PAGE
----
Treating Large Animals during Periods of Excessive Heat

Humans and companion animals are not the only ones affected by excessive heat. The combined effects of high ambient air temperatures, relative humidity, and solar radiation also can have a profound effect on large animal patients. Below are some actions to consider when boarding or treating large animal patients on site or in the field.

Considerations for On-Site Care

Large animal veterinarians who have patients in their care, custody, and control that are housed outside, such as for hospitalization or boarding for reproductive procedures, should always provide ample sources of fresh water and shade to prevent dehydration and heat stroke.

If your patients are suffering subclinically from heat stress, additional handling and treatment could result in full-blown heatstroke and catastrophic losses. Consider reviewing your animal bailee coverage with an insurance professional to ensure you are adequately protected before temperatures start to rise.

Beating the Heat on Farm Calls

Whether you are treating an animal in a field, barn, or stable, as the attending veterinarian, you are responsible for the health and welfare of the animal as well as any team members and volunteers who are assisting you. That’s why it is essential to account for the effects of extreme weather when conducting an examination or administering a treatment.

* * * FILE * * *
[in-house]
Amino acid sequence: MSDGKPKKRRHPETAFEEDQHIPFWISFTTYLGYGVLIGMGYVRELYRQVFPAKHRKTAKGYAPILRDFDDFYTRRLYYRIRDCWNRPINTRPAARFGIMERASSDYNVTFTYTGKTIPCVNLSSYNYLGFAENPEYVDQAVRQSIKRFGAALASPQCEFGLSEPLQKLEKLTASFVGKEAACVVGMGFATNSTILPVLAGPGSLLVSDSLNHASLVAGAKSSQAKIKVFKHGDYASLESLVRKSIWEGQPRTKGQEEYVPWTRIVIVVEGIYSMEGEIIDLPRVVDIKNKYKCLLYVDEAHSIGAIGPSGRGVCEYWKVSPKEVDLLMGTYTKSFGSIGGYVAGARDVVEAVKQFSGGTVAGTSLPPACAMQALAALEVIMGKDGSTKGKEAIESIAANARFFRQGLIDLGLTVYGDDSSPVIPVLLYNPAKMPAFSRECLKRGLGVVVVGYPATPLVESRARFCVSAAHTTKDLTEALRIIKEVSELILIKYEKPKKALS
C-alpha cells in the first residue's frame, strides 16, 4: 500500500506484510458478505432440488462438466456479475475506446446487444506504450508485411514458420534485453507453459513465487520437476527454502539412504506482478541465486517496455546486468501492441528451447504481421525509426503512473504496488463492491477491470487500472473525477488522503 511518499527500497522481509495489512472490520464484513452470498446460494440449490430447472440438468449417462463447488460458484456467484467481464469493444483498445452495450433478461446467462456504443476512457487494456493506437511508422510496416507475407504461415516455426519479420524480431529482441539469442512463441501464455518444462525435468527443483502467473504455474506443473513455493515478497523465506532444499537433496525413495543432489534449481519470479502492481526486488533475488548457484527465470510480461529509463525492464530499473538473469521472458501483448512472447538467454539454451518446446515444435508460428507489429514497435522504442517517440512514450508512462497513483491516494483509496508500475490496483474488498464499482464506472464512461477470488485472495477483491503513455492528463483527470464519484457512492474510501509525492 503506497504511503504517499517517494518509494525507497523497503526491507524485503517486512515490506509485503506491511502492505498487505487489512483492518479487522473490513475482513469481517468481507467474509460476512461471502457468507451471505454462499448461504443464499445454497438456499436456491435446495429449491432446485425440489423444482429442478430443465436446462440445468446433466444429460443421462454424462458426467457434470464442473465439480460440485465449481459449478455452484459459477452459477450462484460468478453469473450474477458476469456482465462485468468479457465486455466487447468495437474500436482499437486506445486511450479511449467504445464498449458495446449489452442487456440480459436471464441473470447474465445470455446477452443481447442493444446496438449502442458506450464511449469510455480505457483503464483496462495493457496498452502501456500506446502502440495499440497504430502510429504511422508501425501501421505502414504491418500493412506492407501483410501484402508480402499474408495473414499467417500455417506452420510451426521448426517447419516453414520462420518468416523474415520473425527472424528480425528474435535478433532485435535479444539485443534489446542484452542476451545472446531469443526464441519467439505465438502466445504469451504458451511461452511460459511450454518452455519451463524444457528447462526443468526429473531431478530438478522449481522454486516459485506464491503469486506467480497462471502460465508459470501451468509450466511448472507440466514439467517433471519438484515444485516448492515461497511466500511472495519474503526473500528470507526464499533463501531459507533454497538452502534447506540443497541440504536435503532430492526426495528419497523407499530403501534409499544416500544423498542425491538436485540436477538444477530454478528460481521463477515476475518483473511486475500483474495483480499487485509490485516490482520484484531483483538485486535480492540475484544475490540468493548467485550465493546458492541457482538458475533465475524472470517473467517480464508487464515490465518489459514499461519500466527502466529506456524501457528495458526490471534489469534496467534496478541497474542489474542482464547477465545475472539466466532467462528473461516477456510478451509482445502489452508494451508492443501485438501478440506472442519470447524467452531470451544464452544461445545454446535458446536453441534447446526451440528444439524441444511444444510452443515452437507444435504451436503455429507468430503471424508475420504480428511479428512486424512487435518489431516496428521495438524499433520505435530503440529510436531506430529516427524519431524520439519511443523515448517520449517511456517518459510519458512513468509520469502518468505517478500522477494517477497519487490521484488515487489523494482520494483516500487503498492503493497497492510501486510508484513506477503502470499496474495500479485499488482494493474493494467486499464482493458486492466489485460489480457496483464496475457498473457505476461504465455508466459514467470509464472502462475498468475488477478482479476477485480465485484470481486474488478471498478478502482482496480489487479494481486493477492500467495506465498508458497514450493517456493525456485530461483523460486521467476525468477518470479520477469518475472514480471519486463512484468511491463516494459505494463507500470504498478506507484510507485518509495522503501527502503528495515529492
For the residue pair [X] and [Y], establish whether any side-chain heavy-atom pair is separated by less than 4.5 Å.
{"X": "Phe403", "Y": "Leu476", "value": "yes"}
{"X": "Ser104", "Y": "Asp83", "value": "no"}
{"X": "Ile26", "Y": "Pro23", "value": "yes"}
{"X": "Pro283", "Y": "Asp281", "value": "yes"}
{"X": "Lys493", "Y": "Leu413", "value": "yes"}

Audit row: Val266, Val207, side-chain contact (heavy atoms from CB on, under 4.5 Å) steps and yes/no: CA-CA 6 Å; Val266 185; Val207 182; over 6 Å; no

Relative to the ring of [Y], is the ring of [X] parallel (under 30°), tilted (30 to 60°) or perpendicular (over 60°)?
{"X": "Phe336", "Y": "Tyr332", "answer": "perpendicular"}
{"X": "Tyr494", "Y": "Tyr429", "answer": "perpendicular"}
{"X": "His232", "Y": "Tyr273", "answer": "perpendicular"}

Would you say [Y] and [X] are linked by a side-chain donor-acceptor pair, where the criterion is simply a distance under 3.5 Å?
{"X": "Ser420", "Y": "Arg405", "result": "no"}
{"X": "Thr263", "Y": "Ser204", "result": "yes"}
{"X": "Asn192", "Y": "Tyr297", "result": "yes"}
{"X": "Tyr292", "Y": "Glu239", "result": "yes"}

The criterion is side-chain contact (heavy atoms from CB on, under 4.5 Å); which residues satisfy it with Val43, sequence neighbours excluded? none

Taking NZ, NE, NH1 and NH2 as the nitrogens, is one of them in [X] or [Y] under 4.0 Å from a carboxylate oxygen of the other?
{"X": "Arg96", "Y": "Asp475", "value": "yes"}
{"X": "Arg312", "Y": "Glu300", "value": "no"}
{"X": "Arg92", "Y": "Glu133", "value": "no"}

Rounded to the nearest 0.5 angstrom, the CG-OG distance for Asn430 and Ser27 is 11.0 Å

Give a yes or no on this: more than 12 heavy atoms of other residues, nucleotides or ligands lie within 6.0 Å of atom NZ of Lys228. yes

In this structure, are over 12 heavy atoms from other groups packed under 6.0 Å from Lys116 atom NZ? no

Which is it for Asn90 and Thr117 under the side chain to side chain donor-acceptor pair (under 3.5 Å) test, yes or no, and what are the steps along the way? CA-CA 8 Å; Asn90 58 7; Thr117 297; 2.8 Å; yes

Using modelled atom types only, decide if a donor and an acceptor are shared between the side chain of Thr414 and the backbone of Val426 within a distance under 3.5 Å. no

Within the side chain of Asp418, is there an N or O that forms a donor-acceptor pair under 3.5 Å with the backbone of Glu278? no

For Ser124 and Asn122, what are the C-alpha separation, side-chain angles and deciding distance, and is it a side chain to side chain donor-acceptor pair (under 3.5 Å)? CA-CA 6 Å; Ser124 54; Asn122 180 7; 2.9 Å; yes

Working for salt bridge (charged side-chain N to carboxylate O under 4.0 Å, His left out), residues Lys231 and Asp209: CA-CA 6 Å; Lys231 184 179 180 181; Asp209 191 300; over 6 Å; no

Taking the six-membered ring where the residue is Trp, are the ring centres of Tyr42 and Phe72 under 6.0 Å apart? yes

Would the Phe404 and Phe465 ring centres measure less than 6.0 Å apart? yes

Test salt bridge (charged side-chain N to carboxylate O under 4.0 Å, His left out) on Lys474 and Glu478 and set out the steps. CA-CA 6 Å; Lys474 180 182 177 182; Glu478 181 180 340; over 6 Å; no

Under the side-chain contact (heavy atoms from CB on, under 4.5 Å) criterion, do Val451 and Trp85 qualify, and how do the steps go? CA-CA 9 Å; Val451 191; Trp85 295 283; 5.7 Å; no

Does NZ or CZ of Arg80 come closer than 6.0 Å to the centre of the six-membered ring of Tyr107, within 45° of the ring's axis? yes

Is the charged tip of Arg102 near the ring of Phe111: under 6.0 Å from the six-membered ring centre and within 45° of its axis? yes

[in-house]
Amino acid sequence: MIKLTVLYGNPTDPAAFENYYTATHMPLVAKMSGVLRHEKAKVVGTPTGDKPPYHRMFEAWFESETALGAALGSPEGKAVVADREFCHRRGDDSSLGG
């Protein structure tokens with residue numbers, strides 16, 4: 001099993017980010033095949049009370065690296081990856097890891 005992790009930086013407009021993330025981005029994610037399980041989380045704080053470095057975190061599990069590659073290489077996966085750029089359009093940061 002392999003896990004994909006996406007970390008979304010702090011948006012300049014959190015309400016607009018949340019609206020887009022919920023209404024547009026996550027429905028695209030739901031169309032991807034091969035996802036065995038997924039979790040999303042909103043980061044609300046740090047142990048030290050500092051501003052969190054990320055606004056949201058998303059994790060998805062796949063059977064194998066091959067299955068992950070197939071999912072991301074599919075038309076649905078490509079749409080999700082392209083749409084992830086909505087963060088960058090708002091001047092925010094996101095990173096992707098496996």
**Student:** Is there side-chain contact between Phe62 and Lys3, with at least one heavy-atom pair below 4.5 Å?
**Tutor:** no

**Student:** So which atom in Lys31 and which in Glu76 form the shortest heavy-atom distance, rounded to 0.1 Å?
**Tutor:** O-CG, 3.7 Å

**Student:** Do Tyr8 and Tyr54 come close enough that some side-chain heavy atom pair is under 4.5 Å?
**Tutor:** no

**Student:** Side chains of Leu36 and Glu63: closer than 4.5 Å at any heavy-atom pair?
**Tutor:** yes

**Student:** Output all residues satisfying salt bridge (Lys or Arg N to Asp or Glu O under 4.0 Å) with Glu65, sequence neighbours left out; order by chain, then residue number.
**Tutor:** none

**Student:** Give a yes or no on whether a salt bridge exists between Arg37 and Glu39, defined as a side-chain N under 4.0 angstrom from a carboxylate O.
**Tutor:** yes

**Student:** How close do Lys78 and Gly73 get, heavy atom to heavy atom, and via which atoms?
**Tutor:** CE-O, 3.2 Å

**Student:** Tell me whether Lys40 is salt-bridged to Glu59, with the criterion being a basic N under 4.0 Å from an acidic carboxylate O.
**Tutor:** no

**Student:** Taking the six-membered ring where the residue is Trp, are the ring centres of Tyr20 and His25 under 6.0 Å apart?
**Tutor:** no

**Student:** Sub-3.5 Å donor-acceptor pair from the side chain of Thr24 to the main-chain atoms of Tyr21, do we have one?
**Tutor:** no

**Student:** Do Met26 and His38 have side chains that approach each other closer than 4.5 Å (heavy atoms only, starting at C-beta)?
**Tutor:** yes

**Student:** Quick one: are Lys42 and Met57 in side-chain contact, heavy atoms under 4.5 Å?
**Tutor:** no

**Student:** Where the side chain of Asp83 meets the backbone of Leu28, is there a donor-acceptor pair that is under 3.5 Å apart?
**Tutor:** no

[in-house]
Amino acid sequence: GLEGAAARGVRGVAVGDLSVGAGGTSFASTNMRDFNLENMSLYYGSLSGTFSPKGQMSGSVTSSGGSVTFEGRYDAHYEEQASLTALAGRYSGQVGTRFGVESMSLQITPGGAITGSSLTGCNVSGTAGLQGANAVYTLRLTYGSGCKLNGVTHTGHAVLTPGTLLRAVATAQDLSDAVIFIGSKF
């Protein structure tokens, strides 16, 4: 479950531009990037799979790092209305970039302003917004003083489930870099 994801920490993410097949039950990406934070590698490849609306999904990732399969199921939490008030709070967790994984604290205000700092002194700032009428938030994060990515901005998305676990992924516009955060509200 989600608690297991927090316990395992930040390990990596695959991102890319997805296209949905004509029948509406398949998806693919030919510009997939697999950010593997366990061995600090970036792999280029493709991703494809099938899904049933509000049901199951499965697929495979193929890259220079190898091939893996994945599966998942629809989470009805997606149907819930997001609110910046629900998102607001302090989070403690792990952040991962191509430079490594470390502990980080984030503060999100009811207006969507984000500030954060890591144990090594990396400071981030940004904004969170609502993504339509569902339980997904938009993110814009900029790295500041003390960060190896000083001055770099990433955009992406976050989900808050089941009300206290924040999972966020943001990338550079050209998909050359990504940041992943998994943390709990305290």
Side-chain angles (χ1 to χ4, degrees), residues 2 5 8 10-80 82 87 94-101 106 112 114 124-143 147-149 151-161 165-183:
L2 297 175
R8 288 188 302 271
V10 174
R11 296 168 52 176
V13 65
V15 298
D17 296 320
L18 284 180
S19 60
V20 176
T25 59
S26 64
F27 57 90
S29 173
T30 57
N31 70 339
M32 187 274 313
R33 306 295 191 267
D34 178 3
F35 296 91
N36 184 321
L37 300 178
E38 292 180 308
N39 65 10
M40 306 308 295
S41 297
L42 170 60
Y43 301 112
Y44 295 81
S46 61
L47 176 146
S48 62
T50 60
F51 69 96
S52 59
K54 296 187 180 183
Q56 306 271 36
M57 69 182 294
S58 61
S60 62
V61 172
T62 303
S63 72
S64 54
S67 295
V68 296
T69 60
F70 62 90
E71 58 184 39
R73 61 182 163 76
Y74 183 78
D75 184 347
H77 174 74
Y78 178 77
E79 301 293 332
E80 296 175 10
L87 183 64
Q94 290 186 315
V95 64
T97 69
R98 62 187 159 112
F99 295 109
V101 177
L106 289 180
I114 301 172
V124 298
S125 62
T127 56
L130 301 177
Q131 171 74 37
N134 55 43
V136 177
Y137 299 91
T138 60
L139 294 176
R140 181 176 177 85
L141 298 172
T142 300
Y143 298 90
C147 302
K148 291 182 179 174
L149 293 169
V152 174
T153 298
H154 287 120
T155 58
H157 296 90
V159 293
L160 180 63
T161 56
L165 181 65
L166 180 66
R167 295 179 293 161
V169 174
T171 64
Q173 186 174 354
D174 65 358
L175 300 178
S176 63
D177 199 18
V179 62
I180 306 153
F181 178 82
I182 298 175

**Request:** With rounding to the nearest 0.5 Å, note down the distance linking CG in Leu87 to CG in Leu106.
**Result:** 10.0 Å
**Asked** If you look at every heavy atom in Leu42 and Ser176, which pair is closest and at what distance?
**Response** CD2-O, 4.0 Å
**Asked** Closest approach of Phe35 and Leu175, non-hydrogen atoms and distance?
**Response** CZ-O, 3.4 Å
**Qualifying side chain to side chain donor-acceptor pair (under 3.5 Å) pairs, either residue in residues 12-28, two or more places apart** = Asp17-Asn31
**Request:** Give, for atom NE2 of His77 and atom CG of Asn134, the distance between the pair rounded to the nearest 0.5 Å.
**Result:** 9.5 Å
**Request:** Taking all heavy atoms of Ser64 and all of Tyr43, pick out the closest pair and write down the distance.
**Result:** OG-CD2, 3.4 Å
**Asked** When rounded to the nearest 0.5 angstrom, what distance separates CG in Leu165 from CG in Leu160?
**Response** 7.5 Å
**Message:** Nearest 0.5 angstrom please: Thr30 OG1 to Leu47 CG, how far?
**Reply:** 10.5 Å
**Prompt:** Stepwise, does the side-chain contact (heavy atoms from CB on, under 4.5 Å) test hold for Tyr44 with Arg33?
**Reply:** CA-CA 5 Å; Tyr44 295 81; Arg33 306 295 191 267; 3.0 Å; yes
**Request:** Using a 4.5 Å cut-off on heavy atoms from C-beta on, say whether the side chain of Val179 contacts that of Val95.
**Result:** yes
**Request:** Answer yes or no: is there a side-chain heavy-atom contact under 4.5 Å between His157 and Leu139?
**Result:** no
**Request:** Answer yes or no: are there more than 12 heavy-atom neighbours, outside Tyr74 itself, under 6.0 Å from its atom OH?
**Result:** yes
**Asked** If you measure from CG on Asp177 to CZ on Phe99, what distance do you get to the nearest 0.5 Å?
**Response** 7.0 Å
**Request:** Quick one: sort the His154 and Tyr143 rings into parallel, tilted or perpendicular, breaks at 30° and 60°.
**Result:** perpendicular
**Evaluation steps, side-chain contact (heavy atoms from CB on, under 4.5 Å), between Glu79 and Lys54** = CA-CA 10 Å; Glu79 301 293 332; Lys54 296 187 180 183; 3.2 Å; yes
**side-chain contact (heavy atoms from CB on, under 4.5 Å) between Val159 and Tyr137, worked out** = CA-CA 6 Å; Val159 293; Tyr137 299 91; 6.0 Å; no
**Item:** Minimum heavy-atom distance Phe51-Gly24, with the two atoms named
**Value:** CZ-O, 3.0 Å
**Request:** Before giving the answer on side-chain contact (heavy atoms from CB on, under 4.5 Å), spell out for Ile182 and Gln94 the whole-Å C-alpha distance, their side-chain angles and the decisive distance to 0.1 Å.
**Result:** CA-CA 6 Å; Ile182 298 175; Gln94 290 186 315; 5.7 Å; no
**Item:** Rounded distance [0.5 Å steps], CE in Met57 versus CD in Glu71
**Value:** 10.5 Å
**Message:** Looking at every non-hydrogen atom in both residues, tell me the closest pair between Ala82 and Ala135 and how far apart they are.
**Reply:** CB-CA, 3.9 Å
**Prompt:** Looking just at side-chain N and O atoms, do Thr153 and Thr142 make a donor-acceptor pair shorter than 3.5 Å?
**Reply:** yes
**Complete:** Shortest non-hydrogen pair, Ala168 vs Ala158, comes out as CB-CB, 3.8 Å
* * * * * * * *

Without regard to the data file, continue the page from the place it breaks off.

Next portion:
Consider adjusting your work schedule during the hottest months. For example, when scheduling farm calls, focus on treating patients in the early morning hours, before temperatures rise. You also may consider rescheduling non-emergency patient visits for cooler times of the day – or once the heatwave has passed.

If rescheduling is not an option, it is important to take extra precautions to protect the health of the animals. Heat stress can occur very quickly in cattle and other large animal patients during processing and treatment if holding pens and chutes are not in shaded areas. Anesthetized patients also can overheat quickly while recumbent, especially when exposed to direct sunlight. Whenever possible, prepare for and provide resources such as misting equipment, tarps, and an ample source of cool water to treat over-heated patients in the field.

The Danger Is Real

Large animal veterinarians insured through the AVMA Trust’s PLIT program have faced malpractice claims related to patient losses from heatstroke after anesthesia in the field and while treating patients in excessively hot weather. To review or adjust your coverage limits, contact AVMA PLIT at or 800-228-PLIT (7548), option 2.